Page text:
3 Essential Editing Tips: Beta Readers (Pt 3) by @BethBarany
Turn to early readers or beta readers to let you know if they think the book is ready to be published. This post shares how to find and work with them.
Once you’ve gotten feedback from your critique partners or editors and implemented their suggestions to the best of your ability, then what?
At this point, I turn to early readers or beta readers to let me know if they think the book is ready to be published.
I think it is, but I’m often not 100% sure. I’ve looked at the manuscript so much, I have no clarity, no objectivity.
So over the last few years I’ve acquired a list of 40+ people who I can ask to review my manuscript at this pre-publication stage.
Why do they read? These early readers love to be a part of the writer’s process and a part of an exclusive group that gets to read your work before everyone else. Beta readers also like developing a relationship with the writer and supporting the writer. Lastly, many are writers themselves and are looking to improve their skills by reading lots of other people’s material.
We writers win because we get a fresh pair of eyes on our work. We also gather fans and people who will often post reviews when the book is published.
How to Get Beta Readers
People ask me how to get beta readers. If you’re just starting out, you may not know who your readers are nor where they congregate.
When I was self-publishing my first novel, Henrietta The Dragon Slayer (Amazon.com Kindle link), I didn’t have any beta readers. So I asked on Twitter and to friends of mine who I knew liked fantasy to be early readers for my book. I gathered at least three or four people this way.
On Twitter, I posted this for my next romance:
Want to be an early reader for a new sweet/sensual #paranormalromance? Just DM me or eml me here: bethbaranyATgmail com
Also, I request via a blog post from time to time. It’s been updated to reflect our current projects.
You’re welcome to sign up and adapt this type of request to your own needs.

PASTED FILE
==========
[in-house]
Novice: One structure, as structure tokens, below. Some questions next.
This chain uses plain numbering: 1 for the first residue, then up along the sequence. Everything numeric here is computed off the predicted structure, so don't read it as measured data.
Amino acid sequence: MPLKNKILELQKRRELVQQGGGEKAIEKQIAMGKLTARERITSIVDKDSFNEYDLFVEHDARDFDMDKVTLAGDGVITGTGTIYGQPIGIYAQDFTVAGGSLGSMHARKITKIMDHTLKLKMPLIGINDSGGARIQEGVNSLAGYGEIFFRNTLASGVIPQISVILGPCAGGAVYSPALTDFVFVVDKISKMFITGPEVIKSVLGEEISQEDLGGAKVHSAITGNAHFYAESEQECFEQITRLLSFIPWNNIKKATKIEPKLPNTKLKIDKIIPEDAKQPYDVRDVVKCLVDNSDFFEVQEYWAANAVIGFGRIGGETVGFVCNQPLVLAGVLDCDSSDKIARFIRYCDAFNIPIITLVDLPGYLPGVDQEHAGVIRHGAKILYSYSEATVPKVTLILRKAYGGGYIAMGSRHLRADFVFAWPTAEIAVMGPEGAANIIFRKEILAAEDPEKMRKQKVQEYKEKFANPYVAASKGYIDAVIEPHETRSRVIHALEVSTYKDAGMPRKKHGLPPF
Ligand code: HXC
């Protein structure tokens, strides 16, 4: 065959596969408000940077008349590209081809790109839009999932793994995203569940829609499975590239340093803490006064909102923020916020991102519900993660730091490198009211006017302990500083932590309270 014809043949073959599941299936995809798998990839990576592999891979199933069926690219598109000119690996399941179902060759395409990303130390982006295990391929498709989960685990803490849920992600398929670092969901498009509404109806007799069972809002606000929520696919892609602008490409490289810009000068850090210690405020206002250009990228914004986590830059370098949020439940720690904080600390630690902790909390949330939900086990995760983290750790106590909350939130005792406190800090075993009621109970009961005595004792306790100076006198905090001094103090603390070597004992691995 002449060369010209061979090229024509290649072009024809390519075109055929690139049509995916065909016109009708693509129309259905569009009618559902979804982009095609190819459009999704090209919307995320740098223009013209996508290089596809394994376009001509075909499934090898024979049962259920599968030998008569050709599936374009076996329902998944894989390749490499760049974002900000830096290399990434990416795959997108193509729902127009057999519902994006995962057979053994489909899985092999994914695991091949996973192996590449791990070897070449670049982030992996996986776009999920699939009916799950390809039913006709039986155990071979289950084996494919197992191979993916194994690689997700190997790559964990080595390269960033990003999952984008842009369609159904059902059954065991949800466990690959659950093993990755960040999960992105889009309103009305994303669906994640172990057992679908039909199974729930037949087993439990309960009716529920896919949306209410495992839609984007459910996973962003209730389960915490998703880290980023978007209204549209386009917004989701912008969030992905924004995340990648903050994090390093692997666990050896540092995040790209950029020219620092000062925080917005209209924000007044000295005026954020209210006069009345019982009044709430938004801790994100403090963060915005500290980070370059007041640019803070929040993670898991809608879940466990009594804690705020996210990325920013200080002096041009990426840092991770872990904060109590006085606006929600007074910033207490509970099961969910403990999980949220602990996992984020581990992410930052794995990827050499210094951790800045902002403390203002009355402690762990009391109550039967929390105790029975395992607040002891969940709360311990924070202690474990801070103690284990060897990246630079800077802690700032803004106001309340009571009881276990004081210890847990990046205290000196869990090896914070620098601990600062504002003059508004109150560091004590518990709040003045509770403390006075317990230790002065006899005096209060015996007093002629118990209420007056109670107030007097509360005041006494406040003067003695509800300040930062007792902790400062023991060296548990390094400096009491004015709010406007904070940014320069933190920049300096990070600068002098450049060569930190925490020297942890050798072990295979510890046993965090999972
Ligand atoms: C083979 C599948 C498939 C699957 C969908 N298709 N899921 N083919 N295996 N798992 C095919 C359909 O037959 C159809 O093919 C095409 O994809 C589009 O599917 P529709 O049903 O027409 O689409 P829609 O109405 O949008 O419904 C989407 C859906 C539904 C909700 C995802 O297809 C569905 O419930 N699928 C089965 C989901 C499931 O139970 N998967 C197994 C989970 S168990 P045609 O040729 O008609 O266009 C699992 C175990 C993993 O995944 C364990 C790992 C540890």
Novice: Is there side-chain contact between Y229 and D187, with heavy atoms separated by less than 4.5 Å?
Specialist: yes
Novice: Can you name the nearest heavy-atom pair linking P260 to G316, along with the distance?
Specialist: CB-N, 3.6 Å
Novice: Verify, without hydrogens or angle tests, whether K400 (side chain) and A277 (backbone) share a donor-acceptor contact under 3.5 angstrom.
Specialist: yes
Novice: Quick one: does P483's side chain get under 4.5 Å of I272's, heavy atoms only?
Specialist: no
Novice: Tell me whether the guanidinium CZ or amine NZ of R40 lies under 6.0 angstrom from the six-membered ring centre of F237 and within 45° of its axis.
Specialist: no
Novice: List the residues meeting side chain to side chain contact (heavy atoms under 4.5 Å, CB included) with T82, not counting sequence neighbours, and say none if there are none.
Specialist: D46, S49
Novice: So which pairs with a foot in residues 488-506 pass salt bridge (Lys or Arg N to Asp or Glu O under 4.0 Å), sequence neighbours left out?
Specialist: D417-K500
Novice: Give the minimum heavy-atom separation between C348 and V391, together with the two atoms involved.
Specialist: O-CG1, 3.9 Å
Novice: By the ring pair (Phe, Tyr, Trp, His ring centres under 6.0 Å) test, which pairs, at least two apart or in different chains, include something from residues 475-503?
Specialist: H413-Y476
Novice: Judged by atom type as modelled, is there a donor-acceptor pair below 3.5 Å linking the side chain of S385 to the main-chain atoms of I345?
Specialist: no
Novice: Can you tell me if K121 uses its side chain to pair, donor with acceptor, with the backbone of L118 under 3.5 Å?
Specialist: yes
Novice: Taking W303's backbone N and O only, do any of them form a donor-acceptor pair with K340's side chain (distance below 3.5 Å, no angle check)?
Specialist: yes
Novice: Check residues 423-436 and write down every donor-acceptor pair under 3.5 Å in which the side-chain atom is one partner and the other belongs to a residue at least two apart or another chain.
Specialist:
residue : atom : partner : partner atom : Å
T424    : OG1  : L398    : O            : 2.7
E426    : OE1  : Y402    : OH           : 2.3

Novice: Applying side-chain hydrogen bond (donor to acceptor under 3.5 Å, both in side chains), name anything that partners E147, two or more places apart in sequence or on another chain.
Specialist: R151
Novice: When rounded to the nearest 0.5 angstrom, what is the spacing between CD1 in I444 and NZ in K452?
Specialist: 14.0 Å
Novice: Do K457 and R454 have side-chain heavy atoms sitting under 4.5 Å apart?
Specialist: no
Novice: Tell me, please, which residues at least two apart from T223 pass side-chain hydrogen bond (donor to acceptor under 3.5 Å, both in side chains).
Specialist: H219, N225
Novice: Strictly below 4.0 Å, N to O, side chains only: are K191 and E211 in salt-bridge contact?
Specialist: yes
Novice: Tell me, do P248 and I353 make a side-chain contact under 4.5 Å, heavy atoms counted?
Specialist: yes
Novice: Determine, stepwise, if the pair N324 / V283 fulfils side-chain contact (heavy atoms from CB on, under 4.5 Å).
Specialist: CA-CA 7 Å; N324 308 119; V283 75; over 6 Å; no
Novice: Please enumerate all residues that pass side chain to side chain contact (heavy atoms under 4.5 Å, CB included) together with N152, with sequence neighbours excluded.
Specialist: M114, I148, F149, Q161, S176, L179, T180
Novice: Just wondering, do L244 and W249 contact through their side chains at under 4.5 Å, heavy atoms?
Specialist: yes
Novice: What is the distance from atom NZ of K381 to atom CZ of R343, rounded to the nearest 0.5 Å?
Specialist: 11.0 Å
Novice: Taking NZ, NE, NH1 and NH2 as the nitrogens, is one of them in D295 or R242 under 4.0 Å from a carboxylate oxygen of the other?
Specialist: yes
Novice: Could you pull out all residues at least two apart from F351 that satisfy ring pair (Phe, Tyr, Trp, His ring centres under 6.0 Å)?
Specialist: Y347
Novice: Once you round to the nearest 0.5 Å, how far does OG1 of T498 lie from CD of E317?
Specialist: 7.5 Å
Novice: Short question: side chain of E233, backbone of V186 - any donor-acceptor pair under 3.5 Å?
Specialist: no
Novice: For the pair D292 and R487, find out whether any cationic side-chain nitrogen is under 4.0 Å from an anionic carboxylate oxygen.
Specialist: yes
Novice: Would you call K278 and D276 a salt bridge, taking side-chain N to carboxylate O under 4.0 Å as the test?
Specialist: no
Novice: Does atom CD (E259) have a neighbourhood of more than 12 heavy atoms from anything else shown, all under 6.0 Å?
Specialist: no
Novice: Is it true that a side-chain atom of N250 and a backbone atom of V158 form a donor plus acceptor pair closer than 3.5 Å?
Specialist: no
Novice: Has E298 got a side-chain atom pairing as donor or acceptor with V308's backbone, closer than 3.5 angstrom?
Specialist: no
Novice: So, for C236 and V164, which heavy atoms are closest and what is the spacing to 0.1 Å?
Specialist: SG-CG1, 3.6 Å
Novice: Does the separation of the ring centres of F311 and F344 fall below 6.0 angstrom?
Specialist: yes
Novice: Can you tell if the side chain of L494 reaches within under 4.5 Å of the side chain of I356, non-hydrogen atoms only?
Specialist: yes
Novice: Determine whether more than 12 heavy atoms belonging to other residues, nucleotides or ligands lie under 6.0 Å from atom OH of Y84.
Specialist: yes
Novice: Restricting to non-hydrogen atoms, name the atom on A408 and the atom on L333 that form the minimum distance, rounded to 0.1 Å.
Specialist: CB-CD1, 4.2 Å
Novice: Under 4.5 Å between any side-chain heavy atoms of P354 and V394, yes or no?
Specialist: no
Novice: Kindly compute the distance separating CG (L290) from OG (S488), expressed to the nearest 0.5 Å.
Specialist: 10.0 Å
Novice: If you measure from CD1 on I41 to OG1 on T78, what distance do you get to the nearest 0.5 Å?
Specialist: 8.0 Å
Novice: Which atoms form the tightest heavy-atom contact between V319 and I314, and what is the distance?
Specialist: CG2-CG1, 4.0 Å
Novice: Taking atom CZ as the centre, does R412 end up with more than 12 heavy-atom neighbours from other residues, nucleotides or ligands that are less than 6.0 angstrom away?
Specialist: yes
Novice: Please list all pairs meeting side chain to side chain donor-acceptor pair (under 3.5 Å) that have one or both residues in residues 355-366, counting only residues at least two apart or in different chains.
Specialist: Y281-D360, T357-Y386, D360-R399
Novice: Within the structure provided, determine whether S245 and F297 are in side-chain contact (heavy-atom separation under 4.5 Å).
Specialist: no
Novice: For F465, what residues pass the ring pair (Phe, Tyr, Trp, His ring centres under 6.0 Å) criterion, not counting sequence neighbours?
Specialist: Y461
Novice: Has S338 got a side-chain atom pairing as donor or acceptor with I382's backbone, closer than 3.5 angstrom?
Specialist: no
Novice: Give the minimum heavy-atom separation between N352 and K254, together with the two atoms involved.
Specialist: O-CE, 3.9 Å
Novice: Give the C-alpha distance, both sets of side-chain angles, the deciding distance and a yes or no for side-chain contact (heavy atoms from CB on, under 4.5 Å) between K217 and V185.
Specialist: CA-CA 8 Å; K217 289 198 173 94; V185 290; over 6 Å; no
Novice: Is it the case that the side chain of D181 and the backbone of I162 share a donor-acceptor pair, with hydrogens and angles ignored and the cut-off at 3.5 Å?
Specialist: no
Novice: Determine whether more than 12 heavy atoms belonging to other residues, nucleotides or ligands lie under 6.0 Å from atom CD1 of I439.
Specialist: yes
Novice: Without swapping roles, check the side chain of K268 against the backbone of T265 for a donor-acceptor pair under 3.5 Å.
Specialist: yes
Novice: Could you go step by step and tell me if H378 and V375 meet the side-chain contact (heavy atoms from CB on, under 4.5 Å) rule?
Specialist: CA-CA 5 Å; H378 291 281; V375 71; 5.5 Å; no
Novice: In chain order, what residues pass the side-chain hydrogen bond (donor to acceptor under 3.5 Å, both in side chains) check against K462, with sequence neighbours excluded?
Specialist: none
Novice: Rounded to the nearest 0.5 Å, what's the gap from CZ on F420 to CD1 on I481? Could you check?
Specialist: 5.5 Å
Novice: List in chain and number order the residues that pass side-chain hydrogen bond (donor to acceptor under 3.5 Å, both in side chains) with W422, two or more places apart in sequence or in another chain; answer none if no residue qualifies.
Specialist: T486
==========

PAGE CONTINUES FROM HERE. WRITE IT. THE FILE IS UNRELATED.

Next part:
Note on tech: I used Google Forms to create the form I embedded into this post. (I love Google Forms!)
What To Ask Beta Readers
Once I have people interested in helping me in this way, I send them a request about what kind of feedback I’d like and by when.
My letter looks like this (from my fourth romance novel published, A Labyrinth of Love and Roses):
Thank you so much for agreeing to give me your feedback! I so appreciate your support!
Attached is my sweet paranormal romance novella in draft format, GREEN MAN (Working Title), in Word format, as requested. Let me know if that format works for you.
[I find out ahead of time which format they’d like.]
It’s just over 23,000 words so if you could get it back to me next week by Sunday, August 24, that would be great.
Here’s what I would like you to answer: (Short answers are fine. 🙂 )
1. At what point does the motivation or the actions of the characters seem unrealistic?
2. Where does the story get boring?
3. What was missing? What did you want more of?
4. What would make this a five-star story for you?
5. Did you feel attached to the characters?
6. [Optional] Any line edits, like typos and grammar, would be great!
Thank you for your honesty. I would rather learn that my story doesn’t work now than learn that it sucks from Amazon reviewers. And I don’t take constructive criticism personally. 🙂
Thanks again! And have a great week!
All my best,
Things to keep in mind:
- Do give people a reasonable deadline.
- Do remind them.
- Do understand if they can’t follow through.
- Be gracious.
- Use what feedback you’re given and integrate it in a way that’s right for you.
That’s the process both Ezra (my husband, a thriller writer) and I use to gather and work with our beta readers.
Working with beta readers is a win-win for us all. [Click to Tweet about this (you can edit before sending).]
What is your next step, either with editing or getting beta readers?
Comment and let me know. I’m always interested in hearing from you!
All my best,
ABOUT BETH BARANY
Award-winning novelist and creativity coach for writers, Beth Barany has been making up fantasy and adventure stories all her life. She writes magical tales of romance, mystery, and adventure to empower women and girls to be the heroes of their own lives and empowers authors to write, publish, and market their fiction.